There must be a real attempt to confront militia in Iraq because the current UK strategy is not working, Tory leader Michael Howard has said.
Petrol bombs were thrown at British armoured vehicles on Monday
Mr Howard said pulling UK troops out of Iraq could be disastrous and make the country a centre for world terrorism.
He was speaking after a week which has seen authorities in Basra say they will not co-operate with UK troops.
Meanwhile, former UK military chief Lord Bramall has raised questions over UK troops' role in Iraq.
He told BBC News: "We have got to not just muddle on, saying rather vaguely 'We will stick it through'...
"We have got to really have a plan, making up our mind whether there is a job to be done and whether the forces we have got out there at the moment can do it."
Mr Howard backed Lord Bramall's call for a serious reappraisal of the troops' role.
"We are where we are and the present strategy does not seem to be working," he said.
It must be made clear it was unacceptable to have armed militias in Iraq, he said.
Tackling the problem could start with those groups said to be loyal to the country's prime minister and interior minister.
Mr Howard admitted it would be tougher to take on groups like the Mahdi army loyal to Shia cleric Moqtada Sadr and the Badr Brigade, which is the armed wing of the Supreme Council of the Islamic Revolution.
But he warned of the dangers of pulling troops out now.
"There is a very real danger that we would leave behind a country which would be a hotbed for international terrorism, a centre for international terrorism, which could well be a disaster for the world," he said.
"I think that would be an irresponsible thing to do.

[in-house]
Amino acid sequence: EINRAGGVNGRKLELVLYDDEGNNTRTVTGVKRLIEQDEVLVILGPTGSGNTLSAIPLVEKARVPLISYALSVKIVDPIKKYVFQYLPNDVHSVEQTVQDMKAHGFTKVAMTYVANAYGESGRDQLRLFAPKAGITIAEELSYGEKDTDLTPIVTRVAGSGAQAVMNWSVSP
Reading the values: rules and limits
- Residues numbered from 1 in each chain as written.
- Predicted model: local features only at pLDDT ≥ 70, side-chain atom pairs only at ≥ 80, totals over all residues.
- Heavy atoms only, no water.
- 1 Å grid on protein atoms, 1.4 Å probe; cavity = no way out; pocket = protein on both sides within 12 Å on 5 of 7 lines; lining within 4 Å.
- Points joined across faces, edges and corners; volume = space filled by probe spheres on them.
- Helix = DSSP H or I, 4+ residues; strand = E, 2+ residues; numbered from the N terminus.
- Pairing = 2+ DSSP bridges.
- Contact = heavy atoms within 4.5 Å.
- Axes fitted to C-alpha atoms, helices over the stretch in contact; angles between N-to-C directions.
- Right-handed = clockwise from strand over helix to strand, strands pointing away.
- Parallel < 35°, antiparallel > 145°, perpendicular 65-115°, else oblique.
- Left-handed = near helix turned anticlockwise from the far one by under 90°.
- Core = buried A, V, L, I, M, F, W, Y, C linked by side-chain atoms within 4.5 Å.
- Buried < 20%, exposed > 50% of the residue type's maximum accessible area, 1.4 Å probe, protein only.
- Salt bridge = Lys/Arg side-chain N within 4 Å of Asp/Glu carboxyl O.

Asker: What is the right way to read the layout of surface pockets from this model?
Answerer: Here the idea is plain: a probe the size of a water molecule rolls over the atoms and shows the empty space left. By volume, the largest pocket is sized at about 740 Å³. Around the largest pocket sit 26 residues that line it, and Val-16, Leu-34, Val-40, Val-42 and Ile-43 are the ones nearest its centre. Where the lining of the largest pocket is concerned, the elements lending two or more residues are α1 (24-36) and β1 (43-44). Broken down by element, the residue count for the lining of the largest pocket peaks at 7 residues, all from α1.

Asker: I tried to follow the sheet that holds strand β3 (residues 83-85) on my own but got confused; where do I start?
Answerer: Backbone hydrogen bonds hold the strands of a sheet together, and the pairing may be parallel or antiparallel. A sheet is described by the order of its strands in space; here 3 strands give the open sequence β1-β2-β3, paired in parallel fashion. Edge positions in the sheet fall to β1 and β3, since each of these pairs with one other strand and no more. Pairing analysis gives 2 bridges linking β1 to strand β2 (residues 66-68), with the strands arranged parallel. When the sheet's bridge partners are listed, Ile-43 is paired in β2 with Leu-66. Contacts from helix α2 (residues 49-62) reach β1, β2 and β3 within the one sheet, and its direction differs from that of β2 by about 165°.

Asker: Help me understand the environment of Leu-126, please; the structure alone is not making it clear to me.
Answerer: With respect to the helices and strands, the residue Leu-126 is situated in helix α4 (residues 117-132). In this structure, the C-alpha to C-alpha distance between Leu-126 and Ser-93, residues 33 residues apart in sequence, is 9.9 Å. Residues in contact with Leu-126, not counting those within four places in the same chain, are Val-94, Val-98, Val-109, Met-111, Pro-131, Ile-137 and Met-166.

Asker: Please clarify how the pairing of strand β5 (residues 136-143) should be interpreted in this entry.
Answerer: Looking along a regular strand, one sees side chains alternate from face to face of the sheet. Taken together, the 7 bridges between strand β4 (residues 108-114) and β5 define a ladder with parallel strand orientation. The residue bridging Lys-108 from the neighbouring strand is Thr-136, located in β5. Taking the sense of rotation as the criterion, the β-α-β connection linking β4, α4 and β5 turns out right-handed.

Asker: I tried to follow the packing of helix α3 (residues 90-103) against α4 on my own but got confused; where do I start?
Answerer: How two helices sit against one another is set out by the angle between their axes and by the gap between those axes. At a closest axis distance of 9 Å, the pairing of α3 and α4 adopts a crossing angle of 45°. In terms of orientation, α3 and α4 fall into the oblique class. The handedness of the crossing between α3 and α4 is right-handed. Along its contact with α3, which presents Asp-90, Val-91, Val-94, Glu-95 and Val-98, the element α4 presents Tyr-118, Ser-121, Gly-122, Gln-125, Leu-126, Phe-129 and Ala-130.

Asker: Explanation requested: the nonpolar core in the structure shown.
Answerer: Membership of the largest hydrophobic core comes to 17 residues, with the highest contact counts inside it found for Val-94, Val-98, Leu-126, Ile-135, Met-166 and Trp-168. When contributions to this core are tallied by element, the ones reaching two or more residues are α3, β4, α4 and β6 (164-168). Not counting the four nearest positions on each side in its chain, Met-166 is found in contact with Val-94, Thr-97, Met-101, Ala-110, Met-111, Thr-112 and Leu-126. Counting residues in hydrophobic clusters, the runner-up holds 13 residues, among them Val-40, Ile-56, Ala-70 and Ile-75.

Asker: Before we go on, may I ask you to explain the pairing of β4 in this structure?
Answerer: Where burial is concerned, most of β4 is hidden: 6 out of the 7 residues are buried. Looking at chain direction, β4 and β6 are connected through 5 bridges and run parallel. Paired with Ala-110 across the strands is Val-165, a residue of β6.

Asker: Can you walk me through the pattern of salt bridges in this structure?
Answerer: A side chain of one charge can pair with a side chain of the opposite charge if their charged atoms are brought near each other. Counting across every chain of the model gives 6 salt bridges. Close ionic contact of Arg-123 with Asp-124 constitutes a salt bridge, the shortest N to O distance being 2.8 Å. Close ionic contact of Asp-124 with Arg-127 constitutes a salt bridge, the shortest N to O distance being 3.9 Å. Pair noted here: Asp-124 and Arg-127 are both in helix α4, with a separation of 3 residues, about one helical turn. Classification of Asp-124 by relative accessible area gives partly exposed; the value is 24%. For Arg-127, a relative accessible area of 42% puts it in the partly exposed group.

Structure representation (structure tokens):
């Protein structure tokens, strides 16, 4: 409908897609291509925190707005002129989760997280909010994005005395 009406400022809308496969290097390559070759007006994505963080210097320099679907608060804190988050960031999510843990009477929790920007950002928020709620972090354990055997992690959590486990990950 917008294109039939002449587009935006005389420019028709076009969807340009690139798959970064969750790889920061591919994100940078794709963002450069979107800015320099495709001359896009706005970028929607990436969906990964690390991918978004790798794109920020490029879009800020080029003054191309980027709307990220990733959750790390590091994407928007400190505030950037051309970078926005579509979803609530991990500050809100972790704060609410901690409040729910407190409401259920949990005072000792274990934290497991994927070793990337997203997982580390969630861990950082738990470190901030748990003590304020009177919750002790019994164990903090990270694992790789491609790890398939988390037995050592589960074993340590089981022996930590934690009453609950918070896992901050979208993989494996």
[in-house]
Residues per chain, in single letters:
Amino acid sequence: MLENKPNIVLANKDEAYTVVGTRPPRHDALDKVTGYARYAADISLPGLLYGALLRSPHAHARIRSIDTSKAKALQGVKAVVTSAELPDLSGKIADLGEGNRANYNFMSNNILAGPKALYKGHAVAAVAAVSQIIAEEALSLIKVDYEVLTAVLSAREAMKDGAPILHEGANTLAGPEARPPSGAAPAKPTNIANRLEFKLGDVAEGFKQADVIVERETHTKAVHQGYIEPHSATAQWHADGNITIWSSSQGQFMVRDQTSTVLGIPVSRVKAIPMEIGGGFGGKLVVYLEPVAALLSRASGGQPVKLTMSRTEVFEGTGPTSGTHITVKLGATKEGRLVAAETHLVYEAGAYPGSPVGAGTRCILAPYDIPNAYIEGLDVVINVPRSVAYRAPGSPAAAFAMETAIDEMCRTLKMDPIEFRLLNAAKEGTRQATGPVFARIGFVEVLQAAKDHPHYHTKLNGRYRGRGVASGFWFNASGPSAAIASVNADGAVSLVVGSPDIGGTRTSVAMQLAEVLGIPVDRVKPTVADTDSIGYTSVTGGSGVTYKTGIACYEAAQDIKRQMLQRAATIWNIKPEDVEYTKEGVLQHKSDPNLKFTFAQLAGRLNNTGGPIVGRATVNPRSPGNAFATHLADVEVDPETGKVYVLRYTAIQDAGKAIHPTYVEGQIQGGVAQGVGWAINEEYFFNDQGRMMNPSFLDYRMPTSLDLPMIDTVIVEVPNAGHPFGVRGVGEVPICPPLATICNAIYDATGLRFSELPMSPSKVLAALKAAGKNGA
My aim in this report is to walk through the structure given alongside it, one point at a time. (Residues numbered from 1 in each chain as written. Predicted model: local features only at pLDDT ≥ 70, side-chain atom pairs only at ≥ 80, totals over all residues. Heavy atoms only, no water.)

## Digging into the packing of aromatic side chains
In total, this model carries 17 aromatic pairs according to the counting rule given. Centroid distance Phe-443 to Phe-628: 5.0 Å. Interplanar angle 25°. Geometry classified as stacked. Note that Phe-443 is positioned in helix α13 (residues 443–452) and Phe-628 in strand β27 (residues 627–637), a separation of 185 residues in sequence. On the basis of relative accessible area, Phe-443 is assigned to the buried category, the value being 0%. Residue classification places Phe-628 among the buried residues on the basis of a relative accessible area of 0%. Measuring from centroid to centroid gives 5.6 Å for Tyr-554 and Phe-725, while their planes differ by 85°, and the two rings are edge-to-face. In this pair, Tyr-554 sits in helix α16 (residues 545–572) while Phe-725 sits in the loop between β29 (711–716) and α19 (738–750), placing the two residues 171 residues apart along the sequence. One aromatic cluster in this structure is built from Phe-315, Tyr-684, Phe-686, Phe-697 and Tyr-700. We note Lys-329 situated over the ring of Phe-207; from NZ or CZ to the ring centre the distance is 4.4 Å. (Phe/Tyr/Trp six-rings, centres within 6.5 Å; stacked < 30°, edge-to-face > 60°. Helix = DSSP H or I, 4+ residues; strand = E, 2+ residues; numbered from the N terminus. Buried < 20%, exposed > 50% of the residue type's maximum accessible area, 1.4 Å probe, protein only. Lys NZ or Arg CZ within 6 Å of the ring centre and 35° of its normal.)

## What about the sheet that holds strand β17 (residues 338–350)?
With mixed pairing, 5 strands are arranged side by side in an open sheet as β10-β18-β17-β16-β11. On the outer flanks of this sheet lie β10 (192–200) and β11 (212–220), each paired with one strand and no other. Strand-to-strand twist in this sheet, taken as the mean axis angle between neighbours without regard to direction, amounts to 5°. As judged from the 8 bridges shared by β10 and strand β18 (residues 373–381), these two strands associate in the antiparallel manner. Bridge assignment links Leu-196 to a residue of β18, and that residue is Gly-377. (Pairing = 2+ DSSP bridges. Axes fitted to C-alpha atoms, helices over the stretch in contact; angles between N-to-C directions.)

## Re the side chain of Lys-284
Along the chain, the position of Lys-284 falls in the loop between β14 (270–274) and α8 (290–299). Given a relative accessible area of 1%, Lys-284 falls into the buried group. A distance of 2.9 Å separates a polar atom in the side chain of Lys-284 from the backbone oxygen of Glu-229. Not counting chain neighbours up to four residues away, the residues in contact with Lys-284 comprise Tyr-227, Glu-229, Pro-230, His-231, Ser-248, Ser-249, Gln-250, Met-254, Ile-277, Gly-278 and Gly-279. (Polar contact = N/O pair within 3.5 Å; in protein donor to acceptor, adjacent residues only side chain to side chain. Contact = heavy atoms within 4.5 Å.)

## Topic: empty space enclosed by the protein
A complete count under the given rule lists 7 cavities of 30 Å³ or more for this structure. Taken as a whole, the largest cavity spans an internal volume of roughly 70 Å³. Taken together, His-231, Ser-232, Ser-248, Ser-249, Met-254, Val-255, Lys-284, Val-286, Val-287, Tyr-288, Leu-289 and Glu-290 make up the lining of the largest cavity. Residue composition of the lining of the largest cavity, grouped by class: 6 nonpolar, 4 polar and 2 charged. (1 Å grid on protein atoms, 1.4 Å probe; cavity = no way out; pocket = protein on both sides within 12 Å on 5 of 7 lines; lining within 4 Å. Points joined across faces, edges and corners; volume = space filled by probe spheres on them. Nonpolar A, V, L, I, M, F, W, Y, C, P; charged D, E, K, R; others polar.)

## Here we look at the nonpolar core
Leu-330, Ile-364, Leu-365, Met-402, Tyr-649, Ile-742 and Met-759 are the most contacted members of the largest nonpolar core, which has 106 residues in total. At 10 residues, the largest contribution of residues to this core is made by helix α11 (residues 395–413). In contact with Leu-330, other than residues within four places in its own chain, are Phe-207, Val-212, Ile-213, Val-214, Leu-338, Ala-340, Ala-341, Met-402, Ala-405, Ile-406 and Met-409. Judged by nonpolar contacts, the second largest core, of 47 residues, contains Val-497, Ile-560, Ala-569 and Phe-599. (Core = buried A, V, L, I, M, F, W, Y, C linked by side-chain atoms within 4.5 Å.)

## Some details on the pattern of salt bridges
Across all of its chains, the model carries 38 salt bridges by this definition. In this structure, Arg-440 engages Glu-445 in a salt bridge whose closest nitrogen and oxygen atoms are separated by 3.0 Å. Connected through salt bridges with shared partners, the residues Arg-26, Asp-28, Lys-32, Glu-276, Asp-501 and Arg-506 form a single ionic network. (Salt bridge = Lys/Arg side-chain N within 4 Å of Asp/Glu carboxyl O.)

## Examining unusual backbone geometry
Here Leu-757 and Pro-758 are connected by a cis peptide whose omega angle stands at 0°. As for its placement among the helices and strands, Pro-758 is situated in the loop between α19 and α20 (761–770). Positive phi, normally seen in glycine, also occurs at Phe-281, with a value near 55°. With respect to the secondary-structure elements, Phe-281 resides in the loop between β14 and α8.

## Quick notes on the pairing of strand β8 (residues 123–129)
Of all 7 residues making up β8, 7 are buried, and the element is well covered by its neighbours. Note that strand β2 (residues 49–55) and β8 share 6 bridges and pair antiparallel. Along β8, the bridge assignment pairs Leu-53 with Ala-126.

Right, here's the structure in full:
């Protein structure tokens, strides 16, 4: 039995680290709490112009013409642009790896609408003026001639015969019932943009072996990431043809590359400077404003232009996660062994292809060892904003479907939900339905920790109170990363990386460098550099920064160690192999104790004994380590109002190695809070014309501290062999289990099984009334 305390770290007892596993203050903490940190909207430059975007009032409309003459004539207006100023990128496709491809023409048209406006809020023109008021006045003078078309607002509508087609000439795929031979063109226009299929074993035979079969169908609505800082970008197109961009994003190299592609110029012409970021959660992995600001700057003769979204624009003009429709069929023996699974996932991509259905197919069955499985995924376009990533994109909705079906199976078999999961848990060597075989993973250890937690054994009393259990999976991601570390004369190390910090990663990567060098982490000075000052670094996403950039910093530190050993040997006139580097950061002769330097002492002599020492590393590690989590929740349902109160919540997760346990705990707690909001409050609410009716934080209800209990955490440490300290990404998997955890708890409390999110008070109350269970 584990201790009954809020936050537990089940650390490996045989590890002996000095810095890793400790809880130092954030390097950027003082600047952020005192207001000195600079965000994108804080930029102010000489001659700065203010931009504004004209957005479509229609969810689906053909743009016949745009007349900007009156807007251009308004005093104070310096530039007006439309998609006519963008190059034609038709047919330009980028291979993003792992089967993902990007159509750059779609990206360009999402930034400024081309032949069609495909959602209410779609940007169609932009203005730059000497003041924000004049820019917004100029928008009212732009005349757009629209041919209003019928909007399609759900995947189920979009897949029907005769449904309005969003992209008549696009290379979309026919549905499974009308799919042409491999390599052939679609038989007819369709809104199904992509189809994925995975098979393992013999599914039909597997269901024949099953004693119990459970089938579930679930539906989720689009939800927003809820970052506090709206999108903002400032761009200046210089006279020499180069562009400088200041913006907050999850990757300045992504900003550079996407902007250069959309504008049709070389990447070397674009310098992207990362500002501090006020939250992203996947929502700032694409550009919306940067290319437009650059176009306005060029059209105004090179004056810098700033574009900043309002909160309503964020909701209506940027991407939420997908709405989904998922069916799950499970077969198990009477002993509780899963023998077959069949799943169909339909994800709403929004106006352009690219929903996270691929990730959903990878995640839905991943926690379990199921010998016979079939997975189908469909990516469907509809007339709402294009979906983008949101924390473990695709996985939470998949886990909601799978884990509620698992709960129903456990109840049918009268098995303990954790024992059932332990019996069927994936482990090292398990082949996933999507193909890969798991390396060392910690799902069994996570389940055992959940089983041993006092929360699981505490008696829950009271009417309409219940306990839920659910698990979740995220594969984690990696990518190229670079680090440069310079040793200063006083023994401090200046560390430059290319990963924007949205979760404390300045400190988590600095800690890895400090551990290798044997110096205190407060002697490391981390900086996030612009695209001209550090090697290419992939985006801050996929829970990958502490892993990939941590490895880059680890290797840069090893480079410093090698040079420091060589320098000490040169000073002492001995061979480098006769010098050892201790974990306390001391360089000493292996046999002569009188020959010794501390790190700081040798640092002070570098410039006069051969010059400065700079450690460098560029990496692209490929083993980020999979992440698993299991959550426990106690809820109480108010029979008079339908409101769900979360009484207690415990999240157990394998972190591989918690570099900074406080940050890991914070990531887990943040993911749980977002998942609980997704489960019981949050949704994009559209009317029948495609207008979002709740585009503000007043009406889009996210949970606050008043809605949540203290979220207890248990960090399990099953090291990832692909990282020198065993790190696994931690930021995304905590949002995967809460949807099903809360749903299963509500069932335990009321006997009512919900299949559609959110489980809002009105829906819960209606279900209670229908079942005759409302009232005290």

"Any arbitrary timetable or arbitrary declarations I think could lead to very, very serious and dangerous consequences."
Tony Blair's former special representative in Iraq, Sir Jeremy Greenstock later said the situation was bad but it was not time to set a withdrawal date.
He told BBC News: "It's extremely important that Baghdad and the centre holds a united Iraq together.
"If, as the months go by, this proves to be impossible and Iraq looks as if it's breaking down into a mosaic of different local baronies and militias etc, which might be a tendency if people look for security anywhere they can find it in society, then I think the coalition will have to think again about its presence.
"I do not think that has yet happened".
His comments come after Basra's governor, Mohammed al-Waili, said he would not cooperate with British troops until there was an apology for a raid to free two UK soldiers.
The UK has defended its action, saying the soldiers were handed to militiamen by rogue elements in the police.
British troops have reduced their presence on the Iraqi city's streets.
Labour sources stress that earlier this week, Iraqi Prime Minister Ibrahim al-Jaafari highlighted his government's efforts to combat infiltration of the security forces.
He said the armed forces and defence and interior ministries had to keep away from political differences.